GEICO’s Claim Adjusters Know How To Negotiate
One of the most important skills for a claim adjuster is negotiation. GEICO’s initial offer is almost always low. Anecdotes suggest that GEICO frequently offers as little as 20% of the claim value in its first offer.
This first offer poses little risk to GEICO. If you accept the offer, GEICO has saved itself a substantial amount of money. If you reject the offer, GEICO has room to negotiate.
The negotiation over your settlement could be arduous. Claim adjusters are skilled and experienced negotiators. If your initial offer is too low, you should consider retaining an injury lawyer to negotiate on your behalf. An experienced lawyer can match the skill and knowledge of the claim adjuster to try to get a fair settlement.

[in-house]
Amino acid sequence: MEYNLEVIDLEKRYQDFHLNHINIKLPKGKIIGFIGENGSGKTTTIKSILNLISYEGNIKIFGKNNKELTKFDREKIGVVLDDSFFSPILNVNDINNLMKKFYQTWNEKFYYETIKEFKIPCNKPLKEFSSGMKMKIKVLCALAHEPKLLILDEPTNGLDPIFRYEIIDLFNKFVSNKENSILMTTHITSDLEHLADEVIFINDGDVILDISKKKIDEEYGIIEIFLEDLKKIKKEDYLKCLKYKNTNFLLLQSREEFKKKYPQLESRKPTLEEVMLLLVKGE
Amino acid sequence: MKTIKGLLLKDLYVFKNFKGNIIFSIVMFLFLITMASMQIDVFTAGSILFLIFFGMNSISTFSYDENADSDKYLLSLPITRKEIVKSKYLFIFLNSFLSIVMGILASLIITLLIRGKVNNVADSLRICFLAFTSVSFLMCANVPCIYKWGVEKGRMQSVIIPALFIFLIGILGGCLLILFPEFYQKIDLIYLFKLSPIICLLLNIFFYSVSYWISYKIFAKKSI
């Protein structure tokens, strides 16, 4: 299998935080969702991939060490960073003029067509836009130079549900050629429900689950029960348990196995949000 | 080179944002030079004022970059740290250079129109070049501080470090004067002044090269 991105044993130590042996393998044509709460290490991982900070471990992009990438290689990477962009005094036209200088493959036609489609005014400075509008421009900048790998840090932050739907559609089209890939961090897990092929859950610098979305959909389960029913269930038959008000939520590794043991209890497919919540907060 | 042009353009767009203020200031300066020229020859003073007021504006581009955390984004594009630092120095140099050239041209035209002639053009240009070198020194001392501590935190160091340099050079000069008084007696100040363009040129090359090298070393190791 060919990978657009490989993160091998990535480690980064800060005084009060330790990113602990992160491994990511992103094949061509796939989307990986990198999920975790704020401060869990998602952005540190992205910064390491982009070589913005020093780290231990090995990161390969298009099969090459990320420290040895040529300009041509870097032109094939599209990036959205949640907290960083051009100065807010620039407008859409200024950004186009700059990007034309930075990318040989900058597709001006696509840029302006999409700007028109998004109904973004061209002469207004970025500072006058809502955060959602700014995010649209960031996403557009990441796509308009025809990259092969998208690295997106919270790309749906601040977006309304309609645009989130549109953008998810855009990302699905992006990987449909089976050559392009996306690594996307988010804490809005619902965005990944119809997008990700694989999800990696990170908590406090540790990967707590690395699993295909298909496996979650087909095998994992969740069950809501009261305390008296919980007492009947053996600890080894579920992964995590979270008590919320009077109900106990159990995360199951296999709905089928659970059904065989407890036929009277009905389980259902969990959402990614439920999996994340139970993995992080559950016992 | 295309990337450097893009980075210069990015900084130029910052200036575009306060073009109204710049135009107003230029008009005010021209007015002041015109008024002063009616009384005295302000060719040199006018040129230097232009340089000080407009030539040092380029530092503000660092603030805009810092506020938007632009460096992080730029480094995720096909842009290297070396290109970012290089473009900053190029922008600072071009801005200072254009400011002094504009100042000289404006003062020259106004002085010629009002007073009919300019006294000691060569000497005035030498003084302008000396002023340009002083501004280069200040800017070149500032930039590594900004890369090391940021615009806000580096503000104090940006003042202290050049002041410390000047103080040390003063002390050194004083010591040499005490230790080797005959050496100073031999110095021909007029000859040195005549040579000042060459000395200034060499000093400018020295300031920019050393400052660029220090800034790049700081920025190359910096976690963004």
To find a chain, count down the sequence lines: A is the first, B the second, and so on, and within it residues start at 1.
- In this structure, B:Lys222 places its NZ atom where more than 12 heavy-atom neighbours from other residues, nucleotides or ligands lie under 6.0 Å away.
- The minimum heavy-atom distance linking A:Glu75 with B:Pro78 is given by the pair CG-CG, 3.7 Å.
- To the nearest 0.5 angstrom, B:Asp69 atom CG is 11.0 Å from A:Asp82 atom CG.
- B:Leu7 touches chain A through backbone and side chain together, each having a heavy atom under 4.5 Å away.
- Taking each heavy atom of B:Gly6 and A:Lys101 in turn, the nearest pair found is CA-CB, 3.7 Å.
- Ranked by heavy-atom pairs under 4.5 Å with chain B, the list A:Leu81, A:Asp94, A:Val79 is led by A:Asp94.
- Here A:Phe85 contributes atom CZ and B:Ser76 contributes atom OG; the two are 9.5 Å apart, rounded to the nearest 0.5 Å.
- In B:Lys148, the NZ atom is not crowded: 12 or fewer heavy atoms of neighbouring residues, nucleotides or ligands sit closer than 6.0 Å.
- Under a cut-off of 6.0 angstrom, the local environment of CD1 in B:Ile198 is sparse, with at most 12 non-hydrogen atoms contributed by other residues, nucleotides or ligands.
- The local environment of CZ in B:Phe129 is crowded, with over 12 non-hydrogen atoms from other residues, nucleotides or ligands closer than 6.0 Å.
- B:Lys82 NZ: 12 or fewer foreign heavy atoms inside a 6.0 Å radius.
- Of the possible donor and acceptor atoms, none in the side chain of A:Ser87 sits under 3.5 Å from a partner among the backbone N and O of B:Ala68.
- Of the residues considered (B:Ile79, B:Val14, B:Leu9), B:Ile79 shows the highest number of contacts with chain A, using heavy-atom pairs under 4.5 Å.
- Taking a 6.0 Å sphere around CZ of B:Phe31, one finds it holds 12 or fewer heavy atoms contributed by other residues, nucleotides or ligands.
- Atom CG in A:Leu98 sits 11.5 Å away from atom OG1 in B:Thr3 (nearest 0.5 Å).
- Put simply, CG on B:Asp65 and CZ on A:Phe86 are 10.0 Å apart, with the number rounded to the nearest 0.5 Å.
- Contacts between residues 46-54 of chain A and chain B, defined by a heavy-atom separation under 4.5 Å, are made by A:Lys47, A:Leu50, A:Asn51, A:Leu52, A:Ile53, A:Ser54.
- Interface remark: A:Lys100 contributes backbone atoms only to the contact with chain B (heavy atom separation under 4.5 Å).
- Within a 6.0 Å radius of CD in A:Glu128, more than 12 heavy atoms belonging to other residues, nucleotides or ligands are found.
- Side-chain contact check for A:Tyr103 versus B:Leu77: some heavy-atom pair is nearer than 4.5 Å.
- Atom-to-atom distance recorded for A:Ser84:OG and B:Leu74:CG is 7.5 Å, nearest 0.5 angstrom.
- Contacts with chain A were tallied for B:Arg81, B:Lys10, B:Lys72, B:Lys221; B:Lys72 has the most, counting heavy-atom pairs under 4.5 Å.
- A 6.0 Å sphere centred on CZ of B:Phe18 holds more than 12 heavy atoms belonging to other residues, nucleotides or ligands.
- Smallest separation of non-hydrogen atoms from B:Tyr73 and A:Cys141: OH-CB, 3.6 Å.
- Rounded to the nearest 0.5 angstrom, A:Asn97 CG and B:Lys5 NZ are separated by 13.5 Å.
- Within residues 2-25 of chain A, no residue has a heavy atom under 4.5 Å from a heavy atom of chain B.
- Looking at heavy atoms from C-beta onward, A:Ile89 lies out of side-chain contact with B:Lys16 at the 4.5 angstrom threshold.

GEICO Does Not Like Losing Lawsuits
No company likes to be sued. More accurately, no company likes to lose lawsuits. Insurance companies will walk right up to the line, but will ultimately back down from lawsuits they cannot win.
If liability is clear, the case will settle and the negotiations will just set the price. This means you will need to be patient during the negotiations.
Hiring a lawyer to represent you during negotiations provides many benefits, including:
- Evaluating the case, so you’ll know when GEICO makes a fair offer
- Negotiating with GEICO to obtain a fair offer
- Filing a lawsuit if GEICO refuses to make a fair offer
As a result, a lawyer will often obtain a greater settlement for a client than that client could negotiate on his or her own.